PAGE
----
The terrifying financial insecurity of unemployment may not even be the worst part of losing your job.
That's because the chance that a person will die increases between 50 and 100 percent during the years immediately after they lose their job due to mass layoffs, a plant closing or another form of "displacement", according to a study from researchers at Columbia University and the Chicago Federal Reserve.
The research, which examined male workers in Pennsylvania in the 1970s and 1980s, also found that even twenty years after a worker loses their job, they’re still 10 to 15 percent more likely than someone who wasn't displaced to die sooner.
That means that workers who were laid off in middle age could die one to one-and-a-half years sooner than if they never lost their job, according to the study.
The study's findings are just some of the many reasons that experts are so concerned about the effects of long-term unemployment. The stigma associated with long-term unemployment is so bad that it's actually boosting the jobless rate, as workers sit idle, their skills atrophy and they become less employable, according to a February report from the Congressional Budget Office.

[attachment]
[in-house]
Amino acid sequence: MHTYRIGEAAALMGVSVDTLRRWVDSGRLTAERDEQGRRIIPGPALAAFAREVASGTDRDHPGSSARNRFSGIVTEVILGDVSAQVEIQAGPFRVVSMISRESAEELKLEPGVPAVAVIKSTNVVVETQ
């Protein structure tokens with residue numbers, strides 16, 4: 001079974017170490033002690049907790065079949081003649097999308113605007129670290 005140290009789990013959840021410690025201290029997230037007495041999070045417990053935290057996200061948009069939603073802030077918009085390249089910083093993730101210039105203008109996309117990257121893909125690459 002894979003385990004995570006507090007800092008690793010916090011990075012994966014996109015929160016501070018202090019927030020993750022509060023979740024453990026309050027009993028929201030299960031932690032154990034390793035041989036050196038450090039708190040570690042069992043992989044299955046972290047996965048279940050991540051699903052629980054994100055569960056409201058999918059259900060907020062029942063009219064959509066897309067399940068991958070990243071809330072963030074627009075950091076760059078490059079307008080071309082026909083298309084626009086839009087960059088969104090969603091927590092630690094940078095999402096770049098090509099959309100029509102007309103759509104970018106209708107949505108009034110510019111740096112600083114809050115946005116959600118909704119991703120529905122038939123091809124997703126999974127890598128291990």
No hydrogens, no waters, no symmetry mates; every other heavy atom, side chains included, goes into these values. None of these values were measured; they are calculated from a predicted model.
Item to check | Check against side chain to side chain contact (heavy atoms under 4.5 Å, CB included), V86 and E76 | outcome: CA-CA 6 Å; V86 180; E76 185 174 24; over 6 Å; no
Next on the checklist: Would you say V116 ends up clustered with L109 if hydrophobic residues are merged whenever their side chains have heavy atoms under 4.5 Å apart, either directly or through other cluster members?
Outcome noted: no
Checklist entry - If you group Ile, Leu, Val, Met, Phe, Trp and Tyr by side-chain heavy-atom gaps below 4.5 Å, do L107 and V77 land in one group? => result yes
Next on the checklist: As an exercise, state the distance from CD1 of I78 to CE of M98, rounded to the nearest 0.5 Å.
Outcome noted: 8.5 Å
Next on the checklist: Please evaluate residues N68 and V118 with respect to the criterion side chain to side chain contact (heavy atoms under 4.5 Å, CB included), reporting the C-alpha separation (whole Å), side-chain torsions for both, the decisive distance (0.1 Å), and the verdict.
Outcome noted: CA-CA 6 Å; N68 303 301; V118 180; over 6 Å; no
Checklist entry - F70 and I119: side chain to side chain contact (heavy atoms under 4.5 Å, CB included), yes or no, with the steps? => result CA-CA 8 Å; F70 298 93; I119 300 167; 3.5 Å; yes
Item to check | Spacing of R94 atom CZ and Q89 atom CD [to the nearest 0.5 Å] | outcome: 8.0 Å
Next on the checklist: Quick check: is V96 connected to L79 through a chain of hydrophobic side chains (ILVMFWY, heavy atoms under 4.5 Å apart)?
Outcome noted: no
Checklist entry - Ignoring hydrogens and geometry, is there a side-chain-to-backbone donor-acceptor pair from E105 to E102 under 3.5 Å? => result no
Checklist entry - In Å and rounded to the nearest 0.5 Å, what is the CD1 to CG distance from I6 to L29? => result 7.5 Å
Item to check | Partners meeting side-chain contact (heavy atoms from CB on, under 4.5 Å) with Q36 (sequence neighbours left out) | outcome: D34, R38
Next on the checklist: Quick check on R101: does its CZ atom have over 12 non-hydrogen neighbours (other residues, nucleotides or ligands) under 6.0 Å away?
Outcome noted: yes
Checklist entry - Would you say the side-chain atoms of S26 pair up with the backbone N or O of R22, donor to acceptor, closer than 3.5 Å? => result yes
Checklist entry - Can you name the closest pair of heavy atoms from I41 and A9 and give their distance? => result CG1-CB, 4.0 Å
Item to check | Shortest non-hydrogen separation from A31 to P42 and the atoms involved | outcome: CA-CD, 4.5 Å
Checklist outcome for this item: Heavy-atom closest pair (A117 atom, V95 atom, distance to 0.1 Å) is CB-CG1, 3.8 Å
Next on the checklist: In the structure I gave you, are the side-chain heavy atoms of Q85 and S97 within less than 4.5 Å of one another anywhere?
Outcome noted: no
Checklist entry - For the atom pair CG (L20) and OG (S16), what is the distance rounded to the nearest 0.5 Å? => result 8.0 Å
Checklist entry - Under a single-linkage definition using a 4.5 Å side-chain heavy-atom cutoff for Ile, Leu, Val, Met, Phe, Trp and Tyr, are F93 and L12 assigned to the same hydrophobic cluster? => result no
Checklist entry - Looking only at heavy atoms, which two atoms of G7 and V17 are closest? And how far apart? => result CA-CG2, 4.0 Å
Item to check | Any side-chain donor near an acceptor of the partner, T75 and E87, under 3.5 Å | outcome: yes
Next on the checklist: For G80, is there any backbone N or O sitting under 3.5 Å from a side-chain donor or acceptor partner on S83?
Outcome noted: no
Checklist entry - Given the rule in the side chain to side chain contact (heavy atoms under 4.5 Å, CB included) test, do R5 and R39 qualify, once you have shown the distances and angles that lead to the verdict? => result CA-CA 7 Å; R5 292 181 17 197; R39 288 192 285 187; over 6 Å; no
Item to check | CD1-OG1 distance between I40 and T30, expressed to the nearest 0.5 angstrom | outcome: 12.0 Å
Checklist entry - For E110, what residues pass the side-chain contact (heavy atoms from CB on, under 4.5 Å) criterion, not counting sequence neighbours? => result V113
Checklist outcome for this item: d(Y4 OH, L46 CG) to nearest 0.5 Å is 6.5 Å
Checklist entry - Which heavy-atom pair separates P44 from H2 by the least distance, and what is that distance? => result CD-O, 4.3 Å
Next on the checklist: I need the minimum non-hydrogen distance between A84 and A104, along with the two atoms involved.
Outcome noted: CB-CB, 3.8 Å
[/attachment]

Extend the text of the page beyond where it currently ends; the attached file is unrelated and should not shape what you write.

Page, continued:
Federal Reserve Chairman Ben Bernanke has also expressed concern about long-term unemployment, saying during a Senate Budget Committee hearing that it will alter the job market for the foreseeable future. He also noted that more than 40 percent of unemployed Americans have been looking for a job for more than six months.
Still, the overall job market may be on its way to a slow recovery. Employers probably added 200,000 jobs in March, while the unemployment rate held at 8.3 percent, according to the median projection from economists surveyed by Bloomberg. The Labor Department will release the March jobs report this Friday.